Artist: Jim Ward
Sub Genres: Alternative, punk, folk
Estimated Listening Time: 32 mins 56 secs
Featured Artist(s): Shawna Potter
Contributing Musician: Ben Kenney (Bass Guitar), and Tucker Rule (Drums)
Distorted guitars, rhythmic syncopations, drum rolls, thumping bass lines, screaming vocals, minimal vocal harmonies, provoking/soothing lyrics, minimal synths, and keys all come together to create a unique but familiar flavor in Jim Ward’s latest musical project – a ten-track folk, rock, alternative, and, punk album. It is needless to re-state that Jim Ward is quite an influential musician. But for those who do not know – Born September 19, 1976, Jim David Ward is a self-taught guitarist and pianist, and the lead singer/rhythm guitarist for the band Sparta. Jim Ward is also a co-founder of the band “At the Drive-In.” He co-formed the band in 1993 when he was just 17 years old. Jim has created a huge and loyal following and also made a name for himself as a musical icon in his hometown of El Paso, Texas.
“Daggers” is a ten-tracker with an estimated listening time of 32 mins 56 secs of pure pleasure and exploration of diverse musical/lyrical horizons. The dominant musical mood is quite elevating as most tracks are either mid or moderately fast in tempo. On bass guitar was Incubus bassist Ben Kenney and on the drums was Thursday drummer Tucker Rule – both musicians were hand-picked by Jim to help bring the album to fruition. Talking to Spin.com about the entire creative process and the overall feel and influences of the album, to some extent Jim agreed that it is made up of numerous musical influences from diverse musical bands and styles but also strongly opined that it is “his album” and thus retains that much-needed authenticity. Quoting a section of the interview, Jim had this to say –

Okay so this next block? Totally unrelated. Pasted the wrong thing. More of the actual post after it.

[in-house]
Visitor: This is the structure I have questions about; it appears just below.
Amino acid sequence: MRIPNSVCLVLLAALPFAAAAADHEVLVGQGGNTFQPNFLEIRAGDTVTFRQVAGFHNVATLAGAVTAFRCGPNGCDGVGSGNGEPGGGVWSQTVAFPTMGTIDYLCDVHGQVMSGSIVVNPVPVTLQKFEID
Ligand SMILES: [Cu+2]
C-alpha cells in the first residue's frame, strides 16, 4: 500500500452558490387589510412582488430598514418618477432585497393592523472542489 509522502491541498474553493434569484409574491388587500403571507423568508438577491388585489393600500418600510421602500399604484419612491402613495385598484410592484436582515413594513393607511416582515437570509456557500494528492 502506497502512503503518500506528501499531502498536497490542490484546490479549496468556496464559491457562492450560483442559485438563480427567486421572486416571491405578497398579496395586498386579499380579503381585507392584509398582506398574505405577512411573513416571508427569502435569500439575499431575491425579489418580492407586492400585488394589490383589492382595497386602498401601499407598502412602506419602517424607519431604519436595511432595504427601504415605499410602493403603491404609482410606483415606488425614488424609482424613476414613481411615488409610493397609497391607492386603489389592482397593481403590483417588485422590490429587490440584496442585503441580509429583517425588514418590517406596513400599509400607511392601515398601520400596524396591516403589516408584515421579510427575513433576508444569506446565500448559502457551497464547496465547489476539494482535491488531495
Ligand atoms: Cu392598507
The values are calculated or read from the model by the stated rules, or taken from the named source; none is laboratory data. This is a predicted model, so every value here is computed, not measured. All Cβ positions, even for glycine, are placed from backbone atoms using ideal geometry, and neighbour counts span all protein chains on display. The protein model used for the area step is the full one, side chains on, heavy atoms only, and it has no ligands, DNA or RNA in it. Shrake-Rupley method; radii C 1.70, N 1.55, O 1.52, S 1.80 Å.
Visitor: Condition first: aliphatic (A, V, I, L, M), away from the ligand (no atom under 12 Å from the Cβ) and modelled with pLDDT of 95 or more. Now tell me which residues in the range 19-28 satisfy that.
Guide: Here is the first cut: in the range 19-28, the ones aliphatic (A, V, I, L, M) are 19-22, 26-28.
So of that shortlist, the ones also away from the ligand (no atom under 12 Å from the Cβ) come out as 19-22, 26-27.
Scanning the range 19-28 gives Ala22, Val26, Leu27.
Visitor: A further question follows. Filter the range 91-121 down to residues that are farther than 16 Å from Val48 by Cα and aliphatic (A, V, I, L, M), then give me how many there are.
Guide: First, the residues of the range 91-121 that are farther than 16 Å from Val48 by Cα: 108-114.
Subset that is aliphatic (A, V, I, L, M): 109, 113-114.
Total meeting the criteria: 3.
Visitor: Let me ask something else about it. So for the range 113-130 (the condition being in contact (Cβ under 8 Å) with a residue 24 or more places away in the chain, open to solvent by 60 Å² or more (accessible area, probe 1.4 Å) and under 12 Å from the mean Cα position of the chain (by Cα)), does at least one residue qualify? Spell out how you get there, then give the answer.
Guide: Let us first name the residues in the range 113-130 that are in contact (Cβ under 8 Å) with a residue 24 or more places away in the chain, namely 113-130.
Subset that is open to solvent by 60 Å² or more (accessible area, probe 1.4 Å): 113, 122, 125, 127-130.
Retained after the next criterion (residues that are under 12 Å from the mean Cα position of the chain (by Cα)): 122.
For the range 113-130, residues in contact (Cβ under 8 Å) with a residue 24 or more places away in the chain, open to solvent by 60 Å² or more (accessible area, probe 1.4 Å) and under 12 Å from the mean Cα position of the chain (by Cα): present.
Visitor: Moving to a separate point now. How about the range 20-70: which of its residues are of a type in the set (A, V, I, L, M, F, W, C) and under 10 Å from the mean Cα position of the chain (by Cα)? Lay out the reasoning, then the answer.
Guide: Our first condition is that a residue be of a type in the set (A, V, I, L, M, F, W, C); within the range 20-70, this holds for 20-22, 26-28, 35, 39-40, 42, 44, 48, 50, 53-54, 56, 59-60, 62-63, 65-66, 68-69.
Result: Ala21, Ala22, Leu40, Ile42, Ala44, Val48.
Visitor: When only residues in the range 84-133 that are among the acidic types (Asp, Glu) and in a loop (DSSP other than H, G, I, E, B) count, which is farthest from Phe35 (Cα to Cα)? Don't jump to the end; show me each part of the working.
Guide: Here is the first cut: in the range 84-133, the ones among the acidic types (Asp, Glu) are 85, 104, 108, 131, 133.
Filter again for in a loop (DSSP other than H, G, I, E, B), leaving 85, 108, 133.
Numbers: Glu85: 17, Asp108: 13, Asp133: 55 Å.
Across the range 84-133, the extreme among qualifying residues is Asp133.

“I just ask people to go into it with an open mind, because I come with a ton of baggage, professionally. I’m 44 years old, and I’ve been touring and making records since I’d just turned 18. That’s a long time with a lot of stuff, and people have different attachments to things. I totally understand that, but I make music for me, and I hope people enjoy it. My hope is that people will listen to it with an open mind, and I don’t really care if people like it or not as long as they give it a shot.”
“Some people think ‘This band was cool, but that band wasn’t cool’ or ‘I like it when he plays country, but I hate the other stuff.’ But I’m all of those people, so I can’t be like ‘You’re right, that band was shitty.’ I was doing what I love to do, and I’ll continue doing what I love to do. Beyond that, I think the biggest thing is for people to understand that it’s a rock record. It’s not an acoustic folk record like my last one. There was a lot of talk within my team about calling this ‘the Jim Ward Trio’ or ‘the Jim Ward Band,’ but I don’t put those rules on myself. I was like ‘It’s me. It’s my fucking name. That’s it. That’s the end of the story’.”
Read the full interview here